May’s death devastated Louisa on account of the fact that her baby sister had been full of life, health and promise: newly married and on the verge of artistic acclaim. However, Amanda reminded us that Louisa had not always seen eye-to-eye with the other artist of the family. Stories such as “A Modern Cinderella” (1860) An Old-Fashioned Girl (1869) “Psyche’s Art” (1868) Shawl Straps (1895) and, of course, Little Women (1868) include female artists who are torn between duty and artistic ambition, and who are often reprimanded by their sisters for not placing domestic responsibility ahead of the pursuit of genius. This comes as no surprise. Louisa May Alcott made the decision to remain resident in the family home as the primary carer for her parents, right up until her father’s death two days before her own (eerily, Louisa and Bronson also shared the same birthday). None of Louisa’s sisters made comparable sacrifices for the family with the exception of Elizabeth Alcott who died of Scarlet Fever at the age of twenty-two after visiting an ailing German immigrant family with her mother who was employed as a poverty worker at the time.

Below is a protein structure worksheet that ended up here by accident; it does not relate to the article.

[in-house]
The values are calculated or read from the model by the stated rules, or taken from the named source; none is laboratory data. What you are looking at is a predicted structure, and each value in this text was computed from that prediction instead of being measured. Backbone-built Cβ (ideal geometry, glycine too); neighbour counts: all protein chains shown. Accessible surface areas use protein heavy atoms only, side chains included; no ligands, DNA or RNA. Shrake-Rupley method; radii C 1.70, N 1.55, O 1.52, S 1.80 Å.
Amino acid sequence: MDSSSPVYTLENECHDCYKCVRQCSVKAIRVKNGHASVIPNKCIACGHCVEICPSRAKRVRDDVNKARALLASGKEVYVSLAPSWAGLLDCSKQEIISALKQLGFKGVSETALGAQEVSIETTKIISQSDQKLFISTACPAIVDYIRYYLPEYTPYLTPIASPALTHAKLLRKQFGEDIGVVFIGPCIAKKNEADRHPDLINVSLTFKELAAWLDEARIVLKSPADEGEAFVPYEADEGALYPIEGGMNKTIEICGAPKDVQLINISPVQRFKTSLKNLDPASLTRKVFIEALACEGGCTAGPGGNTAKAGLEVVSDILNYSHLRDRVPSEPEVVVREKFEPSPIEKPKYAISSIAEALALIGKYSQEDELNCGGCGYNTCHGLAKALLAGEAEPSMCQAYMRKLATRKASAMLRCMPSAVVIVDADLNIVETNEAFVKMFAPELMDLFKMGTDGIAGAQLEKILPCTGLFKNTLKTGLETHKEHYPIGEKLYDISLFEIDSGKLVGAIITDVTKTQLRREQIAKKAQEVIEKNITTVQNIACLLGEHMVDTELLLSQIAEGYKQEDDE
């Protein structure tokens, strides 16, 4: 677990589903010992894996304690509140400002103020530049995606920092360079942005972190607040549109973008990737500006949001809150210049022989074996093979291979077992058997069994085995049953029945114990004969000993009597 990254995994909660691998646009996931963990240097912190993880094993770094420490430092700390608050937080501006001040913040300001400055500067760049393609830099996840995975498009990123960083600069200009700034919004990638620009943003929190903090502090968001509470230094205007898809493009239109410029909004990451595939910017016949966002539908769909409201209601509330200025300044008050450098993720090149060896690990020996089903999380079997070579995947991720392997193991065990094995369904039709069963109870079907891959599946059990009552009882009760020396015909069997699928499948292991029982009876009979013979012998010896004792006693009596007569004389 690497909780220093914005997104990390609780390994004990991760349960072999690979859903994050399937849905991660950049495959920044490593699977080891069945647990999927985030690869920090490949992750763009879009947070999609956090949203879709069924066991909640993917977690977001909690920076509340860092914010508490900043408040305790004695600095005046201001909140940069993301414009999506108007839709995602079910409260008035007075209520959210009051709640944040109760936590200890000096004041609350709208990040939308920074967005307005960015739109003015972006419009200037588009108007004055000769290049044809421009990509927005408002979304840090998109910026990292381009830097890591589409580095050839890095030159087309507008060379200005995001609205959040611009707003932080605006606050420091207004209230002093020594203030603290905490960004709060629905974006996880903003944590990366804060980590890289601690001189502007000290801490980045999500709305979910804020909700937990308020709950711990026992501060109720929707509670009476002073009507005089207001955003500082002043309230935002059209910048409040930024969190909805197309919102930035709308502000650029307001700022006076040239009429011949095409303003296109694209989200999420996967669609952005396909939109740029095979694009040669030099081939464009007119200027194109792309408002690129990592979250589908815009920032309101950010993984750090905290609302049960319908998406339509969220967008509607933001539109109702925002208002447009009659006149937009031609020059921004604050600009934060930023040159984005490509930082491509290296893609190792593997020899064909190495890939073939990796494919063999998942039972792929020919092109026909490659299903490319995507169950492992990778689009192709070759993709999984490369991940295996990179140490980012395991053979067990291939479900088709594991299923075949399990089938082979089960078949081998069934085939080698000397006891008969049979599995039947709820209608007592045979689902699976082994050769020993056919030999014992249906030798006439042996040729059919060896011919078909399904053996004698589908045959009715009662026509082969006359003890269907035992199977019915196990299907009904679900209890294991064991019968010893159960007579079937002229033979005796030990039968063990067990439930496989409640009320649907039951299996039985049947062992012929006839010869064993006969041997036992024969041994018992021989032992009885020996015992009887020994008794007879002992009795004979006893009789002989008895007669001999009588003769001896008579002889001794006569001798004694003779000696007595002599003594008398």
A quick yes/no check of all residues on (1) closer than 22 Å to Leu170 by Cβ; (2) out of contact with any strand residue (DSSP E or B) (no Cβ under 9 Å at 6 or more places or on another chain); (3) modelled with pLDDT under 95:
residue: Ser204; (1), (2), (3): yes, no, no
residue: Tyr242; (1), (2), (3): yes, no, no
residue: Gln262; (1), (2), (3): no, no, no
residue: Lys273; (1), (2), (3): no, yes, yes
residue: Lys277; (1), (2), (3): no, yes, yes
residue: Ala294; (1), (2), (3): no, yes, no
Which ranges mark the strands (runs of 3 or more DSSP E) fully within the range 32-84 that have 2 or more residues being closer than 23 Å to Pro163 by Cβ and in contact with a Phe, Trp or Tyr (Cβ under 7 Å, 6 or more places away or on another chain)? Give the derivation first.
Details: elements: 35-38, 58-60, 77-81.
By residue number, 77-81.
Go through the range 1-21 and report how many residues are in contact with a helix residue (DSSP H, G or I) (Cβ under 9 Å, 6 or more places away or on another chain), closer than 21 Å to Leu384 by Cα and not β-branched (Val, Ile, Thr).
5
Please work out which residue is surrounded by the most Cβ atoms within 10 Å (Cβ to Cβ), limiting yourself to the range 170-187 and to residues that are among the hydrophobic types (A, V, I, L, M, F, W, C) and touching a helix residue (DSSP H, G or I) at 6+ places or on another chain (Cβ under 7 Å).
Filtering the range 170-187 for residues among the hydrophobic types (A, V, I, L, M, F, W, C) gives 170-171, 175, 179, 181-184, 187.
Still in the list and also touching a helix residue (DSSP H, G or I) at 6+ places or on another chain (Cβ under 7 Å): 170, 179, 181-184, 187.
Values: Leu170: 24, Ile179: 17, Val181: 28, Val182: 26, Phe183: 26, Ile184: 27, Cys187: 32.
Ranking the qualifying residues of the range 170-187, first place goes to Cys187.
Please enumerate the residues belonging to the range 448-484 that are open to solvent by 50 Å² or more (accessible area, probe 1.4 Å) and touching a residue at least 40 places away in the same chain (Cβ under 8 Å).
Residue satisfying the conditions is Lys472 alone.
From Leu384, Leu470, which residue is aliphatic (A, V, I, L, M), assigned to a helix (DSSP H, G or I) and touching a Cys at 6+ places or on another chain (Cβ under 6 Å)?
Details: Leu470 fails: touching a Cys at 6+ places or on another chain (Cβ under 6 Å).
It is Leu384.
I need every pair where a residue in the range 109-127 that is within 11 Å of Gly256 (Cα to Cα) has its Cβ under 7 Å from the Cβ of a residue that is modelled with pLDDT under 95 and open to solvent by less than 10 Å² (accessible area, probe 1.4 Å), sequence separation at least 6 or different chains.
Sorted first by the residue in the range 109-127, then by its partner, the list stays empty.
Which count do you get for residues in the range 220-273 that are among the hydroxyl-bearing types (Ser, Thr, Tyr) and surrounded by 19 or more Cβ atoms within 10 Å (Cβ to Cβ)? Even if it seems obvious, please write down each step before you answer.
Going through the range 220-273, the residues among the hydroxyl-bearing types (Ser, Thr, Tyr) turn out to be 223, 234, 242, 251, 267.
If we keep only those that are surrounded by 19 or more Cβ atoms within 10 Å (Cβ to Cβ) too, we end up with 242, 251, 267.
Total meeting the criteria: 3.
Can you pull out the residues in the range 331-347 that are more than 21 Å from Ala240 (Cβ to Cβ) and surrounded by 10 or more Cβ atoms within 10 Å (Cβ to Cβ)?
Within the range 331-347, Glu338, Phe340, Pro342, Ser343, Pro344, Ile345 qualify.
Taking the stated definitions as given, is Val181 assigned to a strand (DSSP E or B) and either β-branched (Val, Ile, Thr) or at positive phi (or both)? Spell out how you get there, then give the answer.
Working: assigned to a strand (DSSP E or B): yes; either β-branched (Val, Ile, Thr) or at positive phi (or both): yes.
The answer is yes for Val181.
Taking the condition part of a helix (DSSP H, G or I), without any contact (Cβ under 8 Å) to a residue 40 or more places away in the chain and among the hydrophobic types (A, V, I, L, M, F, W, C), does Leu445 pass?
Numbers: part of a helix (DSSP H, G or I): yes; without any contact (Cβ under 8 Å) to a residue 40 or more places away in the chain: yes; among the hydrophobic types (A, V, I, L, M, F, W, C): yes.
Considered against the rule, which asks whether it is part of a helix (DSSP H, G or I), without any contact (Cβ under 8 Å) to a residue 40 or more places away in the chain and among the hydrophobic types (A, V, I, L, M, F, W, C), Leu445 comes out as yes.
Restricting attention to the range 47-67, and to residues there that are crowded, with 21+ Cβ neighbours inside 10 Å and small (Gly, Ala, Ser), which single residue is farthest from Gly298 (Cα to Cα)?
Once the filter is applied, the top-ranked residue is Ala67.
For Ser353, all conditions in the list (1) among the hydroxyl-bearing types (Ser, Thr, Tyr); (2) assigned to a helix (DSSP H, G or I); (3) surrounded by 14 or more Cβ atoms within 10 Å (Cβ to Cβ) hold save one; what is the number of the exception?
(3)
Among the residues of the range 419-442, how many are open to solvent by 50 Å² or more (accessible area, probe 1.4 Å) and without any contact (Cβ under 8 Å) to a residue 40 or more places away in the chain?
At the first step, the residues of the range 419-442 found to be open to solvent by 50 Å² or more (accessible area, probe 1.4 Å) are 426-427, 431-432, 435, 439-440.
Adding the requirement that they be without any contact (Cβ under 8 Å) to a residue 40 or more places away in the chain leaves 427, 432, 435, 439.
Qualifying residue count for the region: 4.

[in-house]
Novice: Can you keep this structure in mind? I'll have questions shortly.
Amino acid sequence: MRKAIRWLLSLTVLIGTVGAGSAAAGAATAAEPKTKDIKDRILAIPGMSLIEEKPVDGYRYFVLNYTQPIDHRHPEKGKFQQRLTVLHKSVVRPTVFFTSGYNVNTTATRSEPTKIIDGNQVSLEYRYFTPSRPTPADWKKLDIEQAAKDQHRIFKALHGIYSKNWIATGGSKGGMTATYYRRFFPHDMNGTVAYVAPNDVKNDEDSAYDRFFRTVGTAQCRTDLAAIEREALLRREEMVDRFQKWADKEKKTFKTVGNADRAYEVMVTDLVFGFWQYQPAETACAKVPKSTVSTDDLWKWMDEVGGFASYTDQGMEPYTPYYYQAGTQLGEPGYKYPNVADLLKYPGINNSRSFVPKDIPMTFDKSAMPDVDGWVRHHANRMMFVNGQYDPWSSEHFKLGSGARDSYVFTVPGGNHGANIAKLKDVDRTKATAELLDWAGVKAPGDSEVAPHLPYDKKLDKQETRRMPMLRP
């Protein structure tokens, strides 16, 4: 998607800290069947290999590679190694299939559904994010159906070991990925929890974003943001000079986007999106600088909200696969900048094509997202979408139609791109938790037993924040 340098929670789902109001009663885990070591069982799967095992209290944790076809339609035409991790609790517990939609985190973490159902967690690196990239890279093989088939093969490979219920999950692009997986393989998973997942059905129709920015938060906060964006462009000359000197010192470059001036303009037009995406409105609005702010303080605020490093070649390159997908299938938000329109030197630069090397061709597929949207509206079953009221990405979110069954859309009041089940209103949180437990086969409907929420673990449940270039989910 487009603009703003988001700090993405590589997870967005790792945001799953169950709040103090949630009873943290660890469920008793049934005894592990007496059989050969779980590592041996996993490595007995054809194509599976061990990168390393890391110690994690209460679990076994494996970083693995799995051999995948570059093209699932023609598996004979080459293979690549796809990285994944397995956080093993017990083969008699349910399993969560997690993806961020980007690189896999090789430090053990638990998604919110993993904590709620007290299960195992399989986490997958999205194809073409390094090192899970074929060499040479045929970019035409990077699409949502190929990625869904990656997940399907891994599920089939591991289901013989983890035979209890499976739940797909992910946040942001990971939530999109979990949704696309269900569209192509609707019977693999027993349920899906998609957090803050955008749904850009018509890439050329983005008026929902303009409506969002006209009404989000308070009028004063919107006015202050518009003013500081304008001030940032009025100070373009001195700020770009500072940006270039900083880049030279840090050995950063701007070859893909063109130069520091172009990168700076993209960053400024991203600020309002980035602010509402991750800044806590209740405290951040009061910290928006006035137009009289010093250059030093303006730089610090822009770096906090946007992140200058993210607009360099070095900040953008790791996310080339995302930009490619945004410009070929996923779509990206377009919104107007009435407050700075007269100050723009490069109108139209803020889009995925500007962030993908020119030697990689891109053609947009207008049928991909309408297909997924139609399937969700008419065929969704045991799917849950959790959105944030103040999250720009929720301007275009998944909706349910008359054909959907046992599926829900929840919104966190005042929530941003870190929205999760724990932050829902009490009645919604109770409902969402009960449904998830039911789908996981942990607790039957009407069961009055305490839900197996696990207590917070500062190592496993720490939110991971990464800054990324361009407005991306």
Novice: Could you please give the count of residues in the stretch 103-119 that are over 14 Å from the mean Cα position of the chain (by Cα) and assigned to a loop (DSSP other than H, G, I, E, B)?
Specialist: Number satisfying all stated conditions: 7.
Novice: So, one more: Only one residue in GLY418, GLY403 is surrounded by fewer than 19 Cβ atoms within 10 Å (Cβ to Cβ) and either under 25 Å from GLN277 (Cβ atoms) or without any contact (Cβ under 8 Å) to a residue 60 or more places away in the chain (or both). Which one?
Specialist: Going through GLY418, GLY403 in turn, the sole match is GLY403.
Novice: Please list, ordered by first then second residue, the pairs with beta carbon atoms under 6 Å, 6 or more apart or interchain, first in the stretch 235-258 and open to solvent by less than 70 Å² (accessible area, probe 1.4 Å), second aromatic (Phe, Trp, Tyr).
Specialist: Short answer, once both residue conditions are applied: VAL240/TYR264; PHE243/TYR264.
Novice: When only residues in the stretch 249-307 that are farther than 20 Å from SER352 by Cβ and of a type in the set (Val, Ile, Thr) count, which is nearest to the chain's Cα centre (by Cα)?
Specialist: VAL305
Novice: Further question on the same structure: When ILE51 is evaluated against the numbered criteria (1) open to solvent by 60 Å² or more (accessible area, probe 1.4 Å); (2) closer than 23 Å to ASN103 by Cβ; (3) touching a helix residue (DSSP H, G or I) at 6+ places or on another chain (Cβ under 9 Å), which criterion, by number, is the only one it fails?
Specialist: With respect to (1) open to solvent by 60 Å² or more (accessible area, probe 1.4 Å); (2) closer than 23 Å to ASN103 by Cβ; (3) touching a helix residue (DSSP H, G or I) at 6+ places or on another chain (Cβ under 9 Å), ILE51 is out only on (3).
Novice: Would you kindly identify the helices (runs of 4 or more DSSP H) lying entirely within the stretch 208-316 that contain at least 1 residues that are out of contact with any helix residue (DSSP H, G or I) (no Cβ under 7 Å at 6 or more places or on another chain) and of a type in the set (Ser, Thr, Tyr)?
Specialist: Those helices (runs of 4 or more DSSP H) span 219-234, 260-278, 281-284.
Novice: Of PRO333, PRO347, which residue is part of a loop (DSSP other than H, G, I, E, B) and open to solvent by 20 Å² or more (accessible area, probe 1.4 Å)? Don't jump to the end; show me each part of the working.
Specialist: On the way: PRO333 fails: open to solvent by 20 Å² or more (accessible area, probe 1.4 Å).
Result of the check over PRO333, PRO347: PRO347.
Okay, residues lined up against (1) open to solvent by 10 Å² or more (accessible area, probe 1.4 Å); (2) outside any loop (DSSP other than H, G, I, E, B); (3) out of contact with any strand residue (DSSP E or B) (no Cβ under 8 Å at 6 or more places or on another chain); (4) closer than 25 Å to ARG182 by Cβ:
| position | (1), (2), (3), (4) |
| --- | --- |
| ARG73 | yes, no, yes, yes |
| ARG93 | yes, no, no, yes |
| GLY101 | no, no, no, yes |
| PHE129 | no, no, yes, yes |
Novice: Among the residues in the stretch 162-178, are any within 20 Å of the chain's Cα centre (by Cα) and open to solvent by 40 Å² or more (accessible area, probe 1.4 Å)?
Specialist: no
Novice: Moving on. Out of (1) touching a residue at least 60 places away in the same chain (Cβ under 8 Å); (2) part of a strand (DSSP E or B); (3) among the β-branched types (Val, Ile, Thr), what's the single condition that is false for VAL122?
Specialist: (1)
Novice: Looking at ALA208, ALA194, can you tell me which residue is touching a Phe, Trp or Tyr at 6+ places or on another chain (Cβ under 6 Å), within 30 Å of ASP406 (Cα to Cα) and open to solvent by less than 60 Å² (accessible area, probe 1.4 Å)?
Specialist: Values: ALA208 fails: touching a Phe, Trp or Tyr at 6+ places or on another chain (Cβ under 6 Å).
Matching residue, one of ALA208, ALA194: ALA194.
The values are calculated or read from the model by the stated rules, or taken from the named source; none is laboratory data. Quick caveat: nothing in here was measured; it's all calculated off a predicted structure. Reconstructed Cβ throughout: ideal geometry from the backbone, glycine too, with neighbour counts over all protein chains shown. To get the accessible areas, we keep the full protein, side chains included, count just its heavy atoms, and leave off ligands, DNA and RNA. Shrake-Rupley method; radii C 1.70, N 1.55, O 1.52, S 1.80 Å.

Yet, Louisa’s place within the family as the main breadwinner was a consciously adopted role. She chose to fund May’s studies abroad and legally adopted the children of her sister, Anna, following her husband’s death in 1870. Despite this, Louisa at times resented both of her surviving sisters for the assistance she freely gave them, writing her journal in reference to Anna’s acquisition of a new home: “So she has her wish, and is happy. When shall I have mine? Ought to be contented with knowing I help both sisters with my brains. But I’m selfish, and want to go away and rest in Europe.” These sentiments are perhaps less expressions of jealousy than they are manifestations of Louisa’s own conflict between self-sacrifice and artistic individualism. It is not only characters that are based on May who experience this tension in Louisa’s fiction: in Little Women all of the March sisters do.